"Alice's House," about a working-class Sao Paolo woman in a family of men, is a quiet, observant slice of life that blows sensually hot and witheringly cold. Like a Brazilian telenovela unfolding in real time, the film fans its cards out slowly until we can see for ourselves the deck is stacked.
At the center is a luminous Carla Ribas as Alice: manicurist, working mom, ignored wife, and still a vibrant, earthy woman. She lives in a cramped high-rise apartment with her aging mother (Berta Zemel), taxi-driver husband (Ze Carlos Machado), and three sons: 26-year-old Lucas (Vinicius Zinn), middle child Edinho (Ricardo Vilaça), and Junior (Felipe Massuia), the 15-year-old baby of the house. The boys share a bedroom like puppies; they fight and play like them, too.
Director/co-writer Chico Teixeira gives us a modern Brazil where everyone has a secret sexual life - the air itself seems to secrete hormones. When a handsome stranger gropes Alice on the bus, she leans back into him with a smile, later regaling her co-workers with juicy details.
Yet it's a macho society, and the rules aren't fair: While everyone plays around, it's the women who end up holding the bag. Even Alice isn't exempt from this skewed worldview: When she learns her husband has been unfaithful and with whom, she takes her fury out on the other woman rather than the man who has betrayed her.
The sons, meanwhile, take their cues from their father. Lucas, an army regular, propounds a brutally phallocentric philosophy with the insistence of a man hiding his own sexuality. He coaches Junior on how to lose his virginity, but the young brother is still too unformed to follow his advice. It's a matter of time, the film implies.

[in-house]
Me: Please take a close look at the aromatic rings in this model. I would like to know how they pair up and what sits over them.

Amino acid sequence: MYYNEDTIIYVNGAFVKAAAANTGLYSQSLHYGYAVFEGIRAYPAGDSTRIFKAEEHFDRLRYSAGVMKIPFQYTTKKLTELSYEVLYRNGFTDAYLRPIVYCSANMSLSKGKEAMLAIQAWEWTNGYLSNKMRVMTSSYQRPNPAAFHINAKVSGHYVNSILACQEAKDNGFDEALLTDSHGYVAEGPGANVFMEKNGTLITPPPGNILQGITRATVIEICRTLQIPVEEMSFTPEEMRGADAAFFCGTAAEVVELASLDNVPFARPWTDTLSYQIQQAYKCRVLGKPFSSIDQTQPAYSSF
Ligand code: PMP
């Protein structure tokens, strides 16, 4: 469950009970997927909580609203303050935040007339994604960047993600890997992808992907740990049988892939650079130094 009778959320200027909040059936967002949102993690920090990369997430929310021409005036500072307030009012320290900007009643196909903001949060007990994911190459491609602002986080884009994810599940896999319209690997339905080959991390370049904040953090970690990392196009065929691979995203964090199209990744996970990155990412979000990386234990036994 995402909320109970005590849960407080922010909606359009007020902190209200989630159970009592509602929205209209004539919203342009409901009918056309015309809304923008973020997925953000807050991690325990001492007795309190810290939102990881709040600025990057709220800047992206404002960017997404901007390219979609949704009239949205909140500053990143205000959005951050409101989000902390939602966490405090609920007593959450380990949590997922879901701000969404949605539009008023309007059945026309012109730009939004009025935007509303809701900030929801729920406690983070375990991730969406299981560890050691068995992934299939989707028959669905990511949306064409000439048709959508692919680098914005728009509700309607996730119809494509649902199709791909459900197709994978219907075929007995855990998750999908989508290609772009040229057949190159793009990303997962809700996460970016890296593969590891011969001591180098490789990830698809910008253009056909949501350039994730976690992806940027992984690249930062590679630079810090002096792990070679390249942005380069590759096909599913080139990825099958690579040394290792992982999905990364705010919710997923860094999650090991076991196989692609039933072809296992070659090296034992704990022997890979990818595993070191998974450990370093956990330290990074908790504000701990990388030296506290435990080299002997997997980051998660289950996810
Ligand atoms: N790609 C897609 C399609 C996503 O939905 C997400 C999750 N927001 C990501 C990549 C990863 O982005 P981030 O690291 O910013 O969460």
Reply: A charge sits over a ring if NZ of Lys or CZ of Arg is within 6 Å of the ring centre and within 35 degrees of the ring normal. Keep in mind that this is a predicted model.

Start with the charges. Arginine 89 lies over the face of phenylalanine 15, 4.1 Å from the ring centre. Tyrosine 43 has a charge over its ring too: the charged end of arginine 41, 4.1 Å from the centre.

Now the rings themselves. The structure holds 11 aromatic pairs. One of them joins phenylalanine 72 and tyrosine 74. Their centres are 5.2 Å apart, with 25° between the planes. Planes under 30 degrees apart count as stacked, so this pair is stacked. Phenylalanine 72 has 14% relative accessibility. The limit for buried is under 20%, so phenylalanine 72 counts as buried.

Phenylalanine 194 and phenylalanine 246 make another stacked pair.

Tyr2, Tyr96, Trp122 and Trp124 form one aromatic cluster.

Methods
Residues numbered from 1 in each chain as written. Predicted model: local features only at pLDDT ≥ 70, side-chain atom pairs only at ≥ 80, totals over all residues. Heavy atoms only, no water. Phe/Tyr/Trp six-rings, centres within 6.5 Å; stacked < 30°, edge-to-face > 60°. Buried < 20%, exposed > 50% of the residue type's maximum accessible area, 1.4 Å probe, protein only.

"Alice's House" putters along for its first half, establishing a mood of daily, unacknowledged eroticism, and then it raises the stakes. One of the beauty parlor clients, a rich wife named Carmen (Renata Zhaneta), sends her husband in for an appointment, and this turns out to be Alice's adolescent sweetheart, Nilson (Luciano Quirino), a bad boy made good. Suddenly the heroine has a chance for her own bliss on the side. The question isn't whether to give in but how far to open her heart.
The grandmother is the secret conscience of the film; having aged beyond the need for sexual games, she's the only one who sees things exactly as they are. (Consequently, the men of "Alice's House" treat her with nervous rudeness.) Her weakness - this entire society's weakness, says Teixeira - is a belief that charms and magic potions can bring happiness, when in fact we make our own luck, good or bad. The movie opens a window and lets the air into a house that's as big as Brazil itself.